If you’re passionate about playing music, whether it’s your own or someone else's, it’s only natural that you’ll want to record yourself and get another perspective on how you’re playing. Recording your own music is a lot of fun and it’s something that every musician must do - it enables you to experiment and improve your skills considerably, as well as being able to mix and add new instruments and sounds into your music.
For those that are just starting out and need some advice on the best and more convenient recording devices, the team at Guitar Paradise have got you covered. Check out our shortlist below and as always if you have any further questions don’t hesitate to give us a call!
1. Your Phone/Laptop
Technology is at a point now where you can get a decent sound quality by using computers and smartphones. In fact, chances are the hardware you’ve got currently will get the job done. Mac computers are a favorite with musicians the world over and if you’re just starting out and aren’t ready to invest a huge amount of money into recording straight away, we’d probably recommend investing in a MacBook.
Recording this way couldn’t be easier, although without additional software you’re mixing options will be limited - you’re looking at a simple recording of what you’re playing and little ability to do much else.
2. Mixing Software
More than likely you’ve got the hardware and you can get a basic, listenable recording from your computer - but the next step is investing in special software designed to handle various tracks of recorded audio at once. There are some inexpensive options including Apple’s Logic Pro and Audacity, which is actually free.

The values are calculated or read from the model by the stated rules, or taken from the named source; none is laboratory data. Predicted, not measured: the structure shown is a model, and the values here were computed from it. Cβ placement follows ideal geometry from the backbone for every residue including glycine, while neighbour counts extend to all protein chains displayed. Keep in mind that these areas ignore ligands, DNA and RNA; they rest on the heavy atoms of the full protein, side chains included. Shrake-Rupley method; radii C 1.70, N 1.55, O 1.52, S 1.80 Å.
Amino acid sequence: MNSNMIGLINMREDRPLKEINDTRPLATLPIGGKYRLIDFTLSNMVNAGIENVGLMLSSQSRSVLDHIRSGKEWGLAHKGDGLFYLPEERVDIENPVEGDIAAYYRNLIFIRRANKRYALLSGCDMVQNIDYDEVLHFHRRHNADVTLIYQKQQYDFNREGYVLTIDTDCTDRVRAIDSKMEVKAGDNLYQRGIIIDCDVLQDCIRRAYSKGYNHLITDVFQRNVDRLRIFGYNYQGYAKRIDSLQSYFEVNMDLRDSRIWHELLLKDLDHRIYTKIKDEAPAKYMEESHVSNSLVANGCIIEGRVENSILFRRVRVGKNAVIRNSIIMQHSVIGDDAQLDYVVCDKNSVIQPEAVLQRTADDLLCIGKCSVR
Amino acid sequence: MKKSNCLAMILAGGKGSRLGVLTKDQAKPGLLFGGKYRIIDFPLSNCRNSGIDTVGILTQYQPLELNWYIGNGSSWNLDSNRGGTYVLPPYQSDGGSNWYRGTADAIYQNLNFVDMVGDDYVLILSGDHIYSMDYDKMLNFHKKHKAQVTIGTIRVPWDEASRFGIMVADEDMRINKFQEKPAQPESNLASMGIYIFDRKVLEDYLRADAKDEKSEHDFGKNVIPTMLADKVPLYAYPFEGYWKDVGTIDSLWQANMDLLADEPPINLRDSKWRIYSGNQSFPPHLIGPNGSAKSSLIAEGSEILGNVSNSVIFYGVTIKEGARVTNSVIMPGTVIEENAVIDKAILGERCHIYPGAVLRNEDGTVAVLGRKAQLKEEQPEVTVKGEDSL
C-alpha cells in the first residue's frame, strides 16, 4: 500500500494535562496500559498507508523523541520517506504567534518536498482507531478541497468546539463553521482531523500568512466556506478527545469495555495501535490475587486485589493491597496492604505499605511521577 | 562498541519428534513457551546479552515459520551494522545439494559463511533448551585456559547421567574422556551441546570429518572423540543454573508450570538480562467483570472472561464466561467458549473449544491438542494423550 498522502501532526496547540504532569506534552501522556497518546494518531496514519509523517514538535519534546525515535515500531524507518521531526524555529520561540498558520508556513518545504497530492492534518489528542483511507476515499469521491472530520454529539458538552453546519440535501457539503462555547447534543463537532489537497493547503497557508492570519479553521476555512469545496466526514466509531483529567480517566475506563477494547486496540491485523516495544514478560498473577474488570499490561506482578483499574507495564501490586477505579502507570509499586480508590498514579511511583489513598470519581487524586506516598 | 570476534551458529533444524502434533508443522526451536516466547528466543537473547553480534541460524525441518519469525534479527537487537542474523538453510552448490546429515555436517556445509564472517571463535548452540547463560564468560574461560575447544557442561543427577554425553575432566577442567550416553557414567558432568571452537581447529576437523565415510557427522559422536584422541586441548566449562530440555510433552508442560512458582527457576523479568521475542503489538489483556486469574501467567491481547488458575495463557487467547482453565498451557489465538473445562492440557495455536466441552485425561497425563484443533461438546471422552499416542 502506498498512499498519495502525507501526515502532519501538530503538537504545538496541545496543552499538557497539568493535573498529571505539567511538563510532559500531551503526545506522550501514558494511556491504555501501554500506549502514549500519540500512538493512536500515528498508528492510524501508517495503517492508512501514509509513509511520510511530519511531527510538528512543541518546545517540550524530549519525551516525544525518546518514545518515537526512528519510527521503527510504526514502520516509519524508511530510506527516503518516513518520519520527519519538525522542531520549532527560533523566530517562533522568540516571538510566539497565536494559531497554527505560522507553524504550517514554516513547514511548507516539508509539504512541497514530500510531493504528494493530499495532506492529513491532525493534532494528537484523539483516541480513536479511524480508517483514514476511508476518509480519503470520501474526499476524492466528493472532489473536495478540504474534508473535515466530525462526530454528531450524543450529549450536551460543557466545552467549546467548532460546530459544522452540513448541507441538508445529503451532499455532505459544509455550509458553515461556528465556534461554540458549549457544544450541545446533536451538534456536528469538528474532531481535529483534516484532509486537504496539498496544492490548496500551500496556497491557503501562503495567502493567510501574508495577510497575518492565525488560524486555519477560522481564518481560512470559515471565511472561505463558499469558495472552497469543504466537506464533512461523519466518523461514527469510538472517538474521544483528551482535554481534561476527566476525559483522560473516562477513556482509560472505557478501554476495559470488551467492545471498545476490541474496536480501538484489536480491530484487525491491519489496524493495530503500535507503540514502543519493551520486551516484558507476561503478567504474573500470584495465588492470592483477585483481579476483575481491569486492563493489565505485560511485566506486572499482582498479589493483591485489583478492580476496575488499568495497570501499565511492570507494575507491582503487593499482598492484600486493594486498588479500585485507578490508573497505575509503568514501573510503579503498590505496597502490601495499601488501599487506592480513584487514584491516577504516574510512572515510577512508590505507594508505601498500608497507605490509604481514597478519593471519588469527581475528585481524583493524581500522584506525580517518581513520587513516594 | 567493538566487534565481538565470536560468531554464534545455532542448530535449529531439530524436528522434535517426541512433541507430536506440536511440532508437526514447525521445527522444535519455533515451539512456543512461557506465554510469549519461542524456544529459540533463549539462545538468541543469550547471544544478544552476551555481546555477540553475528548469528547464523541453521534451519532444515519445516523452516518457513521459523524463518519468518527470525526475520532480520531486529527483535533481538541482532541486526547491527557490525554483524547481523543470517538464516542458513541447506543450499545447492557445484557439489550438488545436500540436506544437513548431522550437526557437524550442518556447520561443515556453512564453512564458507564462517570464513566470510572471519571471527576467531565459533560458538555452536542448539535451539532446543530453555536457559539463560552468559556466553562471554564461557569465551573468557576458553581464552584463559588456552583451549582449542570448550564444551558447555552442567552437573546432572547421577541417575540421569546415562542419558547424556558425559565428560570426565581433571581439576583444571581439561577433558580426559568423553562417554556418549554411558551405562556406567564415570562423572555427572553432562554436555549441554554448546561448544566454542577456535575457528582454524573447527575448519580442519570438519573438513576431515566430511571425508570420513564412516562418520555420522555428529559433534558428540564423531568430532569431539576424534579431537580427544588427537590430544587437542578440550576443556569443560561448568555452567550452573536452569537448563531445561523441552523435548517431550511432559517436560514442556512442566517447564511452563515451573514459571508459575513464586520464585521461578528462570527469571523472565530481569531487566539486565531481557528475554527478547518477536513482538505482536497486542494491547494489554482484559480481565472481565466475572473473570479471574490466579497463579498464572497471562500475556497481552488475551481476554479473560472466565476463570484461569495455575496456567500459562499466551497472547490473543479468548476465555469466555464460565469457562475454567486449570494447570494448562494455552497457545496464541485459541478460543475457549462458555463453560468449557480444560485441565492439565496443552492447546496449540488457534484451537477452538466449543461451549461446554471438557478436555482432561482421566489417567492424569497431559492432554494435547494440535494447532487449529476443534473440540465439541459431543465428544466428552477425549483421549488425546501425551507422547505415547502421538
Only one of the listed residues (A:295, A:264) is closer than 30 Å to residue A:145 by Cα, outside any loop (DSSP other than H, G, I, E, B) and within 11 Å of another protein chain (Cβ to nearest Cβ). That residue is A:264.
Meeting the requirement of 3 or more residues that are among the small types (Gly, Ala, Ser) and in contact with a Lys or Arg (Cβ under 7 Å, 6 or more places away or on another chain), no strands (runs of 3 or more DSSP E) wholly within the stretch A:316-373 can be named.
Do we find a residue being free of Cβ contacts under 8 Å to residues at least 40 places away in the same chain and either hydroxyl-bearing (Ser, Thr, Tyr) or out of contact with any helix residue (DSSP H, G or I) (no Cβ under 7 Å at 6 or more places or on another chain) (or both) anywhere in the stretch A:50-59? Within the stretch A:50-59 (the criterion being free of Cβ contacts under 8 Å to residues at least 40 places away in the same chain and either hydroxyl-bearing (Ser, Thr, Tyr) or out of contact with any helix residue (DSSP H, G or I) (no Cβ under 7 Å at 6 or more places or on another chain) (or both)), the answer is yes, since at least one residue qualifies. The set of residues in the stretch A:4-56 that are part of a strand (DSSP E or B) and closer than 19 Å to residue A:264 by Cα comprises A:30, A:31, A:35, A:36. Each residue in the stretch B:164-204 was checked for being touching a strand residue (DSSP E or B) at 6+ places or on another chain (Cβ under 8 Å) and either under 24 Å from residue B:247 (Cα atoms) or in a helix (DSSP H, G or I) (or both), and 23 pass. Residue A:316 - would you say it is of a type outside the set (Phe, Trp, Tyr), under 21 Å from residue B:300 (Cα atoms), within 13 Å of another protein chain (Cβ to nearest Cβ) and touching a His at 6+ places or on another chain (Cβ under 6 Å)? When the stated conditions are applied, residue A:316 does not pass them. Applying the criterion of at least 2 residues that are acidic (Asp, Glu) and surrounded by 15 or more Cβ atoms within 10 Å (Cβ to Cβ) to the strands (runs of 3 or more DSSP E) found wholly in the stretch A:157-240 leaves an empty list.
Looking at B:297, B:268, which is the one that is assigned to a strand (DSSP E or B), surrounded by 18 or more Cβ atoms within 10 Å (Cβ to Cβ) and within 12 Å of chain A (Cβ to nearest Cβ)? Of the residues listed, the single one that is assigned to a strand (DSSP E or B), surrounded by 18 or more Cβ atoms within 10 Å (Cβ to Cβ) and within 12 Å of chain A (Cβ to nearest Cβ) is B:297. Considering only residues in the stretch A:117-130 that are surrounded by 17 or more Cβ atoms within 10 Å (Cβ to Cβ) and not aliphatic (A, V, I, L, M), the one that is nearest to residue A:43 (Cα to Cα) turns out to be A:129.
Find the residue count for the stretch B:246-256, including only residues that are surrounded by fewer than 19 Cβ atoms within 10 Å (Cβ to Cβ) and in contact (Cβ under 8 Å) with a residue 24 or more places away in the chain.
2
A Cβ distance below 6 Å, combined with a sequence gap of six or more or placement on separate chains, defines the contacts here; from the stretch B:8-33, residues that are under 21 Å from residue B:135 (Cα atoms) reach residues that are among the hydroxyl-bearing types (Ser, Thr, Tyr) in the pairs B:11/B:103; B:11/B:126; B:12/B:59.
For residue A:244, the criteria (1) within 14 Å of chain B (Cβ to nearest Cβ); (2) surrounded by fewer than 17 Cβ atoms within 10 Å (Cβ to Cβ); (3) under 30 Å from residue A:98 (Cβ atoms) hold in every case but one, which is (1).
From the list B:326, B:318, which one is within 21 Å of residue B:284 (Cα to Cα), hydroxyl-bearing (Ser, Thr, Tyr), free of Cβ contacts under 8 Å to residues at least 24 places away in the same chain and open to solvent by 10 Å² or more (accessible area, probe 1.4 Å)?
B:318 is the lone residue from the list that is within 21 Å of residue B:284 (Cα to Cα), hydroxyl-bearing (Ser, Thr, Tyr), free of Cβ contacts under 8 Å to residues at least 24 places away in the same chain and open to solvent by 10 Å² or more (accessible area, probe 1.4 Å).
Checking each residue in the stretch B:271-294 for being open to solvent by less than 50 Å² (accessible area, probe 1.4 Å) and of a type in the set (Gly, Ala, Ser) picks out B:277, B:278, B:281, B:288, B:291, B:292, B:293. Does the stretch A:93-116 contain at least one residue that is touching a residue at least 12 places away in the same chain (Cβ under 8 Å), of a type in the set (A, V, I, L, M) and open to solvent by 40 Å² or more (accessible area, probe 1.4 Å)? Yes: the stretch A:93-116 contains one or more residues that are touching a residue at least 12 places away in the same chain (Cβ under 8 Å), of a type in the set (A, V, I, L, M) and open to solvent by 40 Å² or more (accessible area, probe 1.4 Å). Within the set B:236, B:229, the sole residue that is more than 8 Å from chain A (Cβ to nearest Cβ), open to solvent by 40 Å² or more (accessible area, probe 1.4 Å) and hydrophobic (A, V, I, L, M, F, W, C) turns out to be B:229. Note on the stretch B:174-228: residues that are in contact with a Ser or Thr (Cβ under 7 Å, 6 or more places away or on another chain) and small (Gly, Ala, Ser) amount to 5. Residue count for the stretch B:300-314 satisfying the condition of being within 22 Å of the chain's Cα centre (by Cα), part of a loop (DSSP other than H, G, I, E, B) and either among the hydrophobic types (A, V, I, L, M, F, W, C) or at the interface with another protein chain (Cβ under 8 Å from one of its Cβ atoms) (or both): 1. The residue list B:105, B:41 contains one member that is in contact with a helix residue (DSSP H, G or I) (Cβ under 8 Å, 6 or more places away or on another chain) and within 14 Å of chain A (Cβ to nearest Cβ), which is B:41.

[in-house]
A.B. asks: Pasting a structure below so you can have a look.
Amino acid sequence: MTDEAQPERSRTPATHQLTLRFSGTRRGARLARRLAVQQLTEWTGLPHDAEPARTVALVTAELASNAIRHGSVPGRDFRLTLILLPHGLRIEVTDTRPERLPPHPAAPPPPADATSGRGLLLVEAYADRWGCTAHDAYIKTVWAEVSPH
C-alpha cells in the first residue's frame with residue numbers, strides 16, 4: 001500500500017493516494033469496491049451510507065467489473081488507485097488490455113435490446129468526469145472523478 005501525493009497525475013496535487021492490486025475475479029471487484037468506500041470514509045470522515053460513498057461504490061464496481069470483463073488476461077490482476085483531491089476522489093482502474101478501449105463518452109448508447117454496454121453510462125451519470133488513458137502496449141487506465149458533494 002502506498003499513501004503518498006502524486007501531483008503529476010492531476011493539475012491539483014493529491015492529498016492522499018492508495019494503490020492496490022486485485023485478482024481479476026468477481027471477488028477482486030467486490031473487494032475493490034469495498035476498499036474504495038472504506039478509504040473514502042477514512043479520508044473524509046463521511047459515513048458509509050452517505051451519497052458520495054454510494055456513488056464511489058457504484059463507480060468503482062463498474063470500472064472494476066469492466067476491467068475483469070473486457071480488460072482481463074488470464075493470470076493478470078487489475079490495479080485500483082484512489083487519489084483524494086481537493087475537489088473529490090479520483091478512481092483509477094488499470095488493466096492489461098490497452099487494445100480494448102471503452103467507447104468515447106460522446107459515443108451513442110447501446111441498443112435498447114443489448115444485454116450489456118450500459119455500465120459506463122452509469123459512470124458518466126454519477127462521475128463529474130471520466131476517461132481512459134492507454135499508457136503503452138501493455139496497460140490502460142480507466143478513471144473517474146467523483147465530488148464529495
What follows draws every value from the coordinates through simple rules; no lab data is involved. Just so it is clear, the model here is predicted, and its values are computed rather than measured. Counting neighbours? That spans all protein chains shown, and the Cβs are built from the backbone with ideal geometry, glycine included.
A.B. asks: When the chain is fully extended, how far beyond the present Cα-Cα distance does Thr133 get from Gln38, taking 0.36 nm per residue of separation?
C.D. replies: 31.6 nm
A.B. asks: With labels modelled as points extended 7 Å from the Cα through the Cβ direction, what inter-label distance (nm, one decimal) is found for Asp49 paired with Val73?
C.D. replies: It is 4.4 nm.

These programs will enable you to record and then take these recordings and stack them on top of each other to create a single audio track.
3. Audio Interface
As has been mentioned, computers can take care of the actual recording part of the process. Basically every computer that’s on the market today comes with what is needed to record and you’ll usually have a mic and line input. But the quality of sound is quite low and if you’re serious about recording your performances and your music, an audio interface allows you to do so.
The majority of instruments can be plugged straight into the audio interface, which ensures the best sound quality. However, if you’re relying on a computer to record vocals, you’ll more than likely notice a mix-match in the quality of the sound and background noise is sure to be a factor. Once you have some experience recording and want to take that next step with your equipment, a microphone is the best way to go.
A microphone is designed to give you a better sound quality for all vocals and acoustic instruments too. Different branded mics are appropriate for different purposes, however if you’re after a good all around vocal microphone for signing - the SM57 Instrument Microphone is the pick of the bunch.
At this point, it’s a good idea to consider a dependable pair of studio headphones to make sure you’re getting the most out of your recording sessions and can pick up on the strengths and weaknesses of your mixes.
It will take some getting used to, but your ear will start to get a sense of which audio tracks needs to be higher or lower and what needs to be added. Headphones enable you to do this. Keep in mind that they vary greatly in price - for an expensive pair you’re looking at thousands of dollars. But to start off, you can get the job done with headphones that cost less than $100. The Samson RH600 models are a good choice.